Mayors’ Monarch Pledge Expands South of the Border
As you head south on Interstate 35 in Texas, you pass through Austin which was named the most wildlife-friendly city in the United States by the National Wildlife Federation in 2015. Austin’s Mayor, Steve Adler, took the National Wildlife Federation’s Mayors’ Monarch Pledge in September 2015, building on the city’s existing work to help pollinators and wildlife.
Continuing along I-35 through San Antonio (the first Monarch Champion City) and Laredo (another Mayors’ Monarch Pledge city) and you arrive at the U.S.-Mexico border, a distinction that means a lot geopolitically but means absolutely nothing to a monarch butterfly!
Many Americans learn about the monarch butterfly’s fall migration from the northern U.S. and Canada through Texas and to the Monarch Butterfly Biosphere Reserve in Michoacán, Mexico. This narrative often overlooks the 700 miles of critical habitat in northern and central Mexico between Laredo and the Rio Grande Valley to the Reserve in Michoacán. This region has been stewarded by an amazing network known as Correo Real, and in April 2017 Mayor Isidro Lopez Villareal of Saltillo, Mexico, (a city of about 750,000 people in the middle of this critical 700 mile area of northern Mexico) became the first mayor in Mexico to take the Mayors’ Monarch pledge!
While the pledge was originally designed for municipalities in the United States, the expansion southward to Mexico (and northward to Canada) was made possible through the Commission for Environmental Cooperation. Trinational collaboration is critical for a species like the monarch butterfly, whose eastern population (east of the continental divide) has declined by more than 80 percent over historical averages and whose multigenerational migration spans the three countries.
Today, the mayors of Saltillo and Austin, which are also sister cities, are taking major steps for the monarch.
Mayor Isidro Lopez Villareal of Saltillo, Mexico, became the first mayor in Mexico to take the Mayors’ Monarch Pledge, pledging at the Leadership Circle Level (committing to at least eight actions). Already Saltillo is taking action on its pledge, including:
- Signing an official proclamation of the City of Saltillo’s commitment to help save the monarch butterfly and launching a public communications effort.
- Hosting three training workshop for park department and natural resources staff in the city working with Profauna A.C., a local NGO. City staff are learning how to protect the monarch butterfly during its migration, including proper tree maintenance to ensure large groups of monarchs have sufficient resting sites on their journey south.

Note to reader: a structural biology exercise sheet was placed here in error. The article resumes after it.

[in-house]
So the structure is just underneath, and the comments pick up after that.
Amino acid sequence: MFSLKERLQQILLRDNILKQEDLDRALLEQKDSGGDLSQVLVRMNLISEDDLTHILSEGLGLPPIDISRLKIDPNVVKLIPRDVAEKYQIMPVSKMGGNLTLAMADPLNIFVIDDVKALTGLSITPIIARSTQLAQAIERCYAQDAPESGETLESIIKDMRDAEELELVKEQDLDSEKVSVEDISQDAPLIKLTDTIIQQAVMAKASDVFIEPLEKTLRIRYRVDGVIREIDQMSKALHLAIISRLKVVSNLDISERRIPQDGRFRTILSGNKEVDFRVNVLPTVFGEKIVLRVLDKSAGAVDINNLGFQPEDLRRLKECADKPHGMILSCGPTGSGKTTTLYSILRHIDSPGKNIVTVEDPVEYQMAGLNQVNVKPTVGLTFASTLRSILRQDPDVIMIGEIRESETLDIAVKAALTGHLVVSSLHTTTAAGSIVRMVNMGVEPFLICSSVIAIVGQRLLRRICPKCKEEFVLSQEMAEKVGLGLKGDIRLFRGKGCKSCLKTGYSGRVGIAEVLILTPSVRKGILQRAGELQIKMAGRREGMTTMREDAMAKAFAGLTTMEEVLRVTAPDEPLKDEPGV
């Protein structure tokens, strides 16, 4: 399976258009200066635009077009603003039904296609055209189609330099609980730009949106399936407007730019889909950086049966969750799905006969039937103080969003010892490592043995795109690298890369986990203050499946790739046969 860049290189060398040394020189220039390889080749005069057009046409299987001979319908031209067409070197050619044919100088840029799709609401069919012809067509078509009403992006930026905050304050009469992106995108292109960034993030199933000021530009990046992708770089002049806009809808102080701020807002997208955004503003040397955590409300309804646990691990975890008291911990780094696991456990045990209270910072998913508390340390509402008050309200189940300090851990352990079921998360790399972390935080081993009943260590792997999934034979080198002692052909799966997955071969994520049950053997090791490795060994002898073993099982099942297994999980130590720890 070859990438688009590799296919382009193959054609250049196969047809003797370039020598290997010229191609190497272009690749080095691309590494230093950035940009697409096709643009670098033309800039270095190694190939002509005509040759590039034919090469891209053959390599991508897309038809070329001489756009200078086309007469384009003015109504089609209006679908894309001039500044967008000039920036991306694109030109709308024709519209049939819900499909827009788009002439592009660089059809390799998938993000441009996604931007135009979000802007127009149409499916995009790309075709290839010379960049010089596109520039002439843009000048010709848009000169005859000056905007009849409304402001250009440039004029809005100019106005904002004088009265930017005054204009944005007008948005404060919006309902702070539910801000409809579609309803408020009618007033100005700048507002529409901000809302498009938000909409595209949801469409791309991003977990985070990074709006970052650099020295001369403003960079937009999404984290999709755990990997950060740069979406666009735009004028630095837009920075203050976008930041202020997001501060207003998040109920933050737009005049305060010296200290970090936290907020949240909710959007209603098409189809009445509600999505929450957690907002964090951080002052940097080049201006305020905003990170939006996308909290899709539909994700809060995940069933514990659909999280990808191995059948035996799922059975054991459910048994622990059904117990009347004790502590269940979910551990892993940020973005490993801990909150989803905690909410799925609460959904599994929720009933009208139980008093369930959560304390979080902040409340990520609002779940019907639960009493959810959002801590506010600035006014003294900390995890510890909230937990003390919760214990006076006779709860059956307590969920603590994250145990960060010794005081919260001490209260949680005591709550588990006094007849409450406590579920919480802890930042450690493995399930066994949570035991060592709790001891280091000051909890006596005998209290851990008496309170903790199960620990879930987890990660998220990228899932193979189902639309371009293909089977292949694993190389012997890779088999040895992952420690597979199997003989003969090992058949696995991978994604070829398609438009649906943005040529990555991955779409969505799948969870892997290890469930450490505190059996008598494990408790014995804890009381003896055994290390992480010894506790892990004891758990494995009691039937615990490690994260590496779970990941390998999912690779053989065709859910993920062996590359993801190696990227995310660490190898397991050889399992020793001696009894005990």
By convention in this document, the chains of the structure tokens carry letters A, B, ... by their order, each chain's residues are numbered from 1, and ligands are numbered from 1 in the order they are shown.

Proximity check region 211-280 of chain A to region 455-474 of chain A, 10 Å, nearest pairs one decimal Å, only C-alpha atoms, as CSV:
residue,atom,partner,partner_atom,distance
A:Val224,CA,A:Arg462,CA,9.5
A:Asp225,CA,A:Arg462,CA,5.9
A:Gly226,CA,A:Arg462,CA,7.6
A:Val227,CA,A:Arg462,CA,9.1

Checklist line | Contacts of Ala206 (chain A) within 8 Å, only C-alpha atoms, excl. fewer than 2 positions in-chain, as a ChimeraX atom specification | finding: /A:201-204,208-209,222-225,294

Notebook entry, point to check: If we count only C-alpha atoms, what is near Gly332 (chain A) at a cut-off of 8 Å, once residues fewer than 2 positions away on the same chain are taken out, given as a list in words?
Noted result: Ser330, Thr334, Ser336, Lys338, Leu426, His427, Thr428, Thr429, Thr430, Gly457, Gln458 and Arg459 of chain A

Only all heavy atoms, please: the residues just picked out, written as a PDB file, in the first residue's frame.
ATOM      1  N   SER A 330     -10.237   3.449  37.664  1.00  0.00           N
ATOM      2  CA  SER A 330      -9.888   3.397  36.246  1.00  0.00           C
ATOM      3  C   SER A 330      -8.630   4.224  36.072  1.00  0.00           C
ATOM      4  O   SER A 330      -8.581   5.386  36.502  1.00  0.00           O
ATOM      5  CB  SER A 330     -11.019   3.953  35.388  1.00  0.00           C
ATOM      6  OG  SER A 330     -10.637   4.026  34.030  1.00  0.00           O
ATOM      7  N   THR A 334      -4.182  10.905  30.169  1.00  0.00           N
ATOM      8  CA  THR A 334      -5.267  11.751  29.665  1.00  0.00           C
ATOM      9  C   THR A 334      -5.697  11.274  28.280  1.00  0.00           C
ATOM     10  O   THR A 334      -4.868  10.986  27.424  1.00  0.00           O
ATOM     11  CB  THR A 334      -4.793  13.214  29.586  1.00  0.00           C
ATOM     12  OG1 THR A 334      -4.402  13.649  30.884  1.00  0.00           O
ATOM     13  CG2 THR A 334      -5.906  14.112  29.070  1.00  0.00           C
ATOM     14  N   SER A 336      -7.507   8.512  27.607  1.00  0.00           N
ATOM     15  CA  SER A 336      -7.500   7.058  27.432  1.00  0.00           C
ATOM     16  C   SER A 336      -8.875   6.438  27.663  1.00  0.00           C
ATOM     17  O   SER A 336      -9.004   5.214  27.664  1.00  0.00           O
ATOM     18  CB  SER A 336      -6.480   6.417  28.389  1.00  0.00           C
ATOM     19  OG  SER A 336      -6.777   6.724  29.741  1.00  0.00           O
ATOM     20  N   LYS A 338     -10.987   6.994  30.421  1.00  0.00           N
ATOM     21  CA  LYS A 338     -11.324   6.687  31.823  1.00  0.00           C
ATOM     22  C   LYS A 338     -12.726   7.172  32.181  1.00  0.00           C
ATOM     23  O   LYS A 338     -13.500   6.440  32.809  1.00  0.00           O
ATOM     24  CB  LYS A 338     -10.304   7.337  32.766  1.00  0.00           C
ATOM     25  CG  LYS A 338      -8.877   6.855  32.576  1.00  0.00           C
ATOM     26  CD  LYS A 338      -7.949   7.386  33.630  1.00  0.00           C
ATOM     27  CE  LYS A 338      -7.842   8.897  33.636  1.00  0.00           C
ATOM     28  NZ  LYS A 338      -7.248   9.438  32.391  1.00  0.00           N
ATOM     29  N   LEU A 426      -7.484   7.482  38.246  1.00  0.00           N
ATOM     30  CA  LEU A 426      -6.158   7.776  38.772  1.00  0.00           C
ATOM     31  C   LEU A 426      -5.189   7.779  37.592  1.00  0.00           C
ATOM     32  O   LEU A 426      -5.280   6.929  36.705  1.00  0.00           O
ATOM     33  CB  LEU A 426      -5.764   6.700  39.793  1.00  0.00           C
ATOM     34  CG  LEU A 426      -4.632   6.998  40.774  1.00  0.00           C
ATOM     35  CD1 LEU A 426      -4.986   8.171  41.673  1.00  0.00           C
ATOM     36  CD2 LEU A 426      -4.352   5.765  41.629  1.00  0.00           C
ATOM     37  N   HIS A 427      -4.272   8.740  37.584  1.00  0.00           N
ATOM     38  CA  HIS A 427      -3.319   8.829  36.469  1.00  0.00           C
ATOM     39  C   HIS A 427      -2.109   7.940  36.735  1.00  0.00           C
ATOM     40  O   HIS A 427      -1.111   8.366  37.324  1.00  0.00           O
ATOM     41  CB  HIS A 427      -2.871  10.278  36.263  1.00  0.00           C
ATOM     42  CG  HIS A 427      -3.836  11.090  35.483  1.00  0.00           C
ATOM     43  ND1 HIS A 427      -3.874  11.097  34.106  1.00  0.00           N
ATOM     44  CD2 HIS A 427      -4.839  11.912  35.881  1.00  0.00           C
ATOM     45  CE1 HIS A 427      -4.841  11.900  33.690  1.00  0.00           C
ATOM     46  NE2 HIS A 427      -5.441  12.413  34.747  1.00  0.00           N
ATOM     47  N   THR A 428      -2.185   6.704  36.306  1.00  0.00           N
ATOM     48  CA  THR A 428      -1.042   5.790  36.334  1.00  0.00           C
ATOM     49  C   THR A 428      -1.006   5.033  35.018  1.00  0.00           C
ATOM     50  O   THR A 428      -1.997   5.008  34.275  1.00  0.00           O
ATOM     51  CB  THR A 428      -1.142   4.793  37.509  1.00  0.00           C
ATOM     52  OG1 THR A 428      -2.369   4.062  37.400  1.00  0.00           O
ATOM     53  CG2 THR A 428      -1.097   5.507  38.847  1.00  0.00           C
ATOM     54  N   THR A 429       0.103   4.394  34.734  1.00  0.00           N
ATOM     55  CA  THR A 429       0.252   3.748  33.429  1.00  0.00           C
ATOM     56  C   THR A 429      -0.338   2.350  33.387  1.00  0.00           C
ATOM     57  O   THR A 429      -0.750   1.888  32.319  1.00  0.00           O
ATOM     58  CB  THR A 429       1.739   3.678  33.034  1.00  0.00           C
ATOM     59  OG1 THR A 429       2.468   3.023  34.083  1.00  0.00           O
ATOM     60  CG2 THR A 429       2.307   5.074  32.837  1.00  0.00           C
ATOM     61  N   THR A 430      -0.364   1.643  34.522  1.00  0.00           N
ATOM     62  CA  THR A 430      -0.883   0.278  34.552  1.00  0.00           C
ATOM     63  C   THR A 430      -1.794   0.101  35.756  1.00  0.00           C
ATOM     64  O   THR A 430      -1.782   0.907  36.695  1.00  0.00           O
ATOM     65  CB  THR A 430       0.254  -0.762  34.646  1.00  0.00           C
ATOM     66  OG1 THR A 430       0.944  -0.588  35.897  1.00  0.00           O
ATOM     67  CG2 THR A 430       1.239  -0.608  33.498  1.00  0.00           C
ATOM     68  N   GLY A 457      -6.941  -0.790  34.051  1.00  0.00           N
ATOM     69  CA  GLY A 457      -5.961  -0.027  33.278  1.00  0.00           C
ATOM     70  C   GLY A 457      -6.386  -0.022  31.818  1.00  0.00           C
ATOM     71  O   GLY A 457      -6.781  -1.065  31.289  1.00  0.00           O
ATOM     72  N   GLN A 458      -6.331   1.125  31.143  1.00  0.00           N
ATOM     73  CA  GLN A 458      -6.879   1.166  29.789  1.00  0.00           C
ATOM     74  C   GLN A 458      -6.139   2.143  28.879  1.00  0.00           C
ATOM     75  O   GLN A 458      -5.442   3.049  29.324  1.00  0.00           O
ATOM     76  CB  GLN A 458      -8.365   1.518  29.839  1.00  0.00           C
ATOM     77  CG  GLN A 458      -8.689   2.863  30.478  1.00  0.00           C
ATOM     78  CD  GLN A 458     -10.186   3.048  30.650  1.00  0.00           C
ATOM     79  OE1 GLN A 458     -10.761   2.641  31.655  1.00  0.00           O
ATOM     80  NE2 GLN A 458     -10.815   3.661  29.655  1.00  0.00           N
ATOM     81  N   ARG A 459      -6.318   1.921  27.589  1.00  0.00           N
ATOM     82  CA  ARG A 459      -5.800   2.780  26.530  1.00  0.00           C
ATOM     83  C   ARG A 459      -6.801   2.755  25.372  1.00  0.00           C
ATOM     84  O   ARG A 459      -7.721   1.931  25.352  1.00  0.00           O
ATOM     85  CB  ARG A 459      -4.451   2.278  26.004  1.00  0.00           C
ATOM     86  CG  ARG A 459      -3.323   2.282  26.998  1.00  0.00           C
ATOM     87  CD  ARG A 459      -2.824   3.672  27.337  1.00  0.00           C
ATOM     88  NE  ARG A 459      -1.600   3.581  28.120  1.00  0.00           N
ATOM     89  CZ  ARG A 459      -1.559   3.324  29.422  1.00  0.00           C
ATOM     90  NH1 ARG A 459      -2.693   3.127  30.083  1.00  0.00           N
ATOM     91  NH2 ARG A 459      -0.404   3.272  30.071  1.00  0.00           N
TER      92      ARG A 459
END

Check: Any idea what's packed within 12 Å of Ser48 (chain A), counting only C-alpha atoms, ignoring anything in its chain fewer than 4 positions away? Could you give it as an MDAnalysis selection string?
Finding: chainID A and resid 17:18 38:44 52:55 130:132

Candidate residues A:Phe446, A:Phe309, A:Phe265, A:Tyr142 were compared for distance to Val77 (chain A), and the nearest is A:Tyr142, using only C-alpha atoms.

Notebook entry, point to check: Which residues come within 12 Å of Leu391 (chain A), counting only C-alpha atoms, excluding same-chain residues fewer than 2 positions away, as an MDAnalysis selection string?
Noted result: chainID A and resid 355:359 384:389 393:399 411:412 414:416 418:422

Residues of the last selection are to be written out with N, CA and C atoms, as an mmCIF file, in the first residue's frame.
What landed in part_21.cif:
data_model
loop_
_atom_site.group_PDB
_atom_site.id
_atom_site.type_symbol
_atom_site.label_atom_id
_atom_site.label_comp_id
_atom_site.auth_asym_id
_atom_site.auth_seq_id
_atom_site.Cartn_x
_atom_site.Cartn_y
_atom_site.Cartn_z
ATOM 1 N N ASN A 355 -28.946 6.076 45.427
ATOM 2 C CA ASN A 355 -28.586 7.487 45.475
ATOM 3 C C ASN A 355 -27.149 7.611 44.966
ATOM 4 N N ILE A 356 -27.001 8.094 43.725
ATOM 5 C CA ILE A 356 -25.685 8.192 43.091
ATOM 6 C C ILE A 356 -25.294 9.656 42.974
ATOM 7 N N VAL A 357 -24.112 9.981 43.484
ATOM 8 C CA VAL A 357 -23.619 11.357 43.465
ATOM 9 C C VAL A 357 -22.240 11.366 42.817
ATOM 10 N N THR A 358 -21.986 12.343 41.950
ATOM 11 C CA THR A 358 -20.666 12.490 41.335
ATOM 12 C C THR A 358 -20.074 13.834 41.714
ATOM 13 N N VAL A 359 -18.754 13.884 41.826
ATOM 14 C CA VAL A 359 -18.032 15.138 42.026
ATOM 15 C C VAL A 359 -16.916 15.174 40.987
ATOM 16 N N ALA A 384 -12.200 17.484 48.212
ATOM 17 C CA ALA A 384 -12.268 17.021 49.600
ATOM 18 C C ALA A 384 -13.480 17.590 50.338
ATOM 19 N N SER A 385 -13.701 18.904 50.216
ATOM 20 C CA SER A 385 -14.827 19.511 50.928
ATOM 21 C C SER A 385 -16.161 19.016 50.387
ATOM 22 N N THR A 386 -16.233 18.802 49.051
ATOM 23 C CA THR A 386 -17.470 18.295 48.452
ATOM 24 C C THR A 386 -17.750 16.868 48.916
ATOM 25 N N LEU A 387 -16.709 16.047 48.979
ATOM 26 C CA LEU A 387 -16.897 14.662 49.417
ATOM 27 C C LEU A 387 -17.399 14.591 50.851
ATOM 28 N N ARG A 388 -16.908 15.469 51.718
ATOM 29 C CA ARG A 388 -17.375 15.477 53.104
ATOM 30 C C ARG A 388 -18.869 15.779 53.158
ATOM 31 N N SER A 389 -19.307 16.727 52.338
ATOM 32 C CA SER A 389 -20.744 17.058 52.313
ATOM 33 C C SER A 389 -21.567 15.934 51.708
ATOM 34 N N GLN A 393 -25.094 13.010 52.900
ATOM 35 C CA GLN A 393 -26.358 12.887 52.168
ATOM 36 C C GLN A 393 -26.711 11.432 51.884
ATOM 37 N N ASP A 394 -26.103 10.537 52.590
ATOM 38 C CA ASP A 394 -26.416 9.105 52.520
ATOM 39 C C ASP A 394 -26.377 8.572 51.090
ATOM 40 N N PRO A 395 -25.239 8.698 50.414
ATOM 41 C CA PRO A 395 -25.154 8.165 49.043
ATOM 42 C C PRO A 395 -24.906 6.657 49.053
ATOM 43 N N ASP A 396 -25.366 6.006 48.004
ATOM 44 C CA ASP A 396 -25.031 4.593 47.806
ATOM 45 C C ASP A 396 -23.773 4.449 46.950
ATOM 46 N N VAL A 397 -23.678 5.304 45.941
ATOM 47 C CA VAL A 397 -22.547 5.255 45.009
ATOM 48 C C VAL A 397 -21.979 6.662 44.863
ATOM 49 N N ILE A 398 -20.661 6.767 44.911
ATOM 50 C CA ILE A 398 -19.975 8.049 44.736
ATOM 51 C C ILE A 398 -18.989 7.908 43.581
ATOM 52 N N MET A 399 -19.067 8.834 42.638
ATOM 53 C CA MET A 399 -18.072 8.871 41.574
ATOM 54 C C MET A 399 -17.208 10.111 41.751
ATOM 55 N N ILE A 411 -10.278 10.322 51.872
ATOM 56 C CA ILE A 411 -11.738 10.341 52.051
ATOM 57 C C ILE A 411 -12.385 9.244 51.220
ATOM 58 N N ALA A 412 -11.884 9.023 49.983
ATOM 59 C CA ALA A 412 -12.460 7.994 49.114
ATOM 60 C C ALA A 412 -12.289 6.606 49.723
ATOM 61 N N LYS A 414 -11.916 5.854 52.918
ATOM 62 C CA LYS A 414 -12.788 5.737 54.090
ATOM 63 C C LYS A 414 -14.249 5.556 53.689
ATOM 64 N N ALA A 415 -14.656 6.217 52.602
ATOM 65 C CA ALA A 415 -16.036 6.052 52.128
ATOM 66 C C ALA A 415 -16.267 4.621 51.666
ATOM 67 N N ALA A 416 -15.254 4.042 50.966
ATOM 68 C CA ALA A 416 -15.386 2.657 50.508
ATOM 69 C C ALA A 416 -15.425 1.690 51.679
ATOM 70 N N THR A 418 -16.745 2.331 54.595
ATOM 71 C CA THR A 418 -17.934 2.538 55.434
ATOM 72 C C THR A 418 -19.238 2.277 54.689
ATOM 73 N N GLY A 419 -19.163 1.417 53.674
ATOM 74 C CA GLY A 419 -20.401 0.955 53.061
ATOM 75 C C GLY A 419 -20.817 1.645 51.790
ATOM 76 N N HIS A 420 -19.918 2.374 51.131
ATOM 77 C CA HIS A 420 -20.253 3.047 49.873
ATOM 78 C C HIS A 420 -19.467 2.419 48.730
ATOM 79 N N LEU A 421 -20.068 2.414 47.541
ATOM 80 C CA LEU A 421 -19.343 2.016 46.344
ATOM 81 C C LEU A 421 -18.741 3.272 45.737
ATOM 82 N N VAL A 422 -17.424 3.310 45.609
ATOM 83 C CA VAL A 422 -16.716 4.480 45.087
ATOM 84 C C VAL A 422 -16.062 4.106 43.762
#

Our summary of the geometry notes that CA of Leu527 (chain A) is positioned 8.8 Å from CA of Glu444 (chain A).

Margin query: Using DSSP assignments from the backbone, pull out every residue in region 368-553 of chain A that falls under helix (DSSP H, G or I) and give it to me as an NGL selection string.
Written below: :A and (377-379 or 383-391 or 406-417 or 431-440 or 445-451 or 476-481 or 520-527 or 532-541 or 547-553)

- Planting a monarch and pollinator garden with teachers and youth at the school of social work at the Universidad Autónoma de Coahuila in Saltillo.
Since taking the pledge in September 2015, Mayor Steve Adler and his team in Austin have expanded or taken on some new initiatives, including:
- Creating standard operating procedures for “Wildflower Meadows” on city owned property. These procedure allow for flexibility and seasonal variations to help ensure monarch butterflies have access to the nectar plants (food) to refuel as they migrate.
- Running an Adopt-A-Meadow process for citizens to be engaged in the process of restoring meadows and getting the public to understand the new management practices.
- Updating the city’s Integrated Pest Management for Parks and Recreation operating procedures to include the following language: “***SPECIAL ATTENTION*** There are certain chemical families, such as neonicotinoids, that are found to harm or kill non‐targeted bees. The Austin Parks and Recreation Department (PARD) will not approve the use of products containing constituents of these chemical families. The neonicotinoid products that were previously on the approved list have been removed. These products (Merit, Marathon and Marathon II) will no longer be available for PARD use.”
Both Saltillo and Austin are making a difference for wildlife.
Has your mayor taken the Mayors’ Monarch Pledge?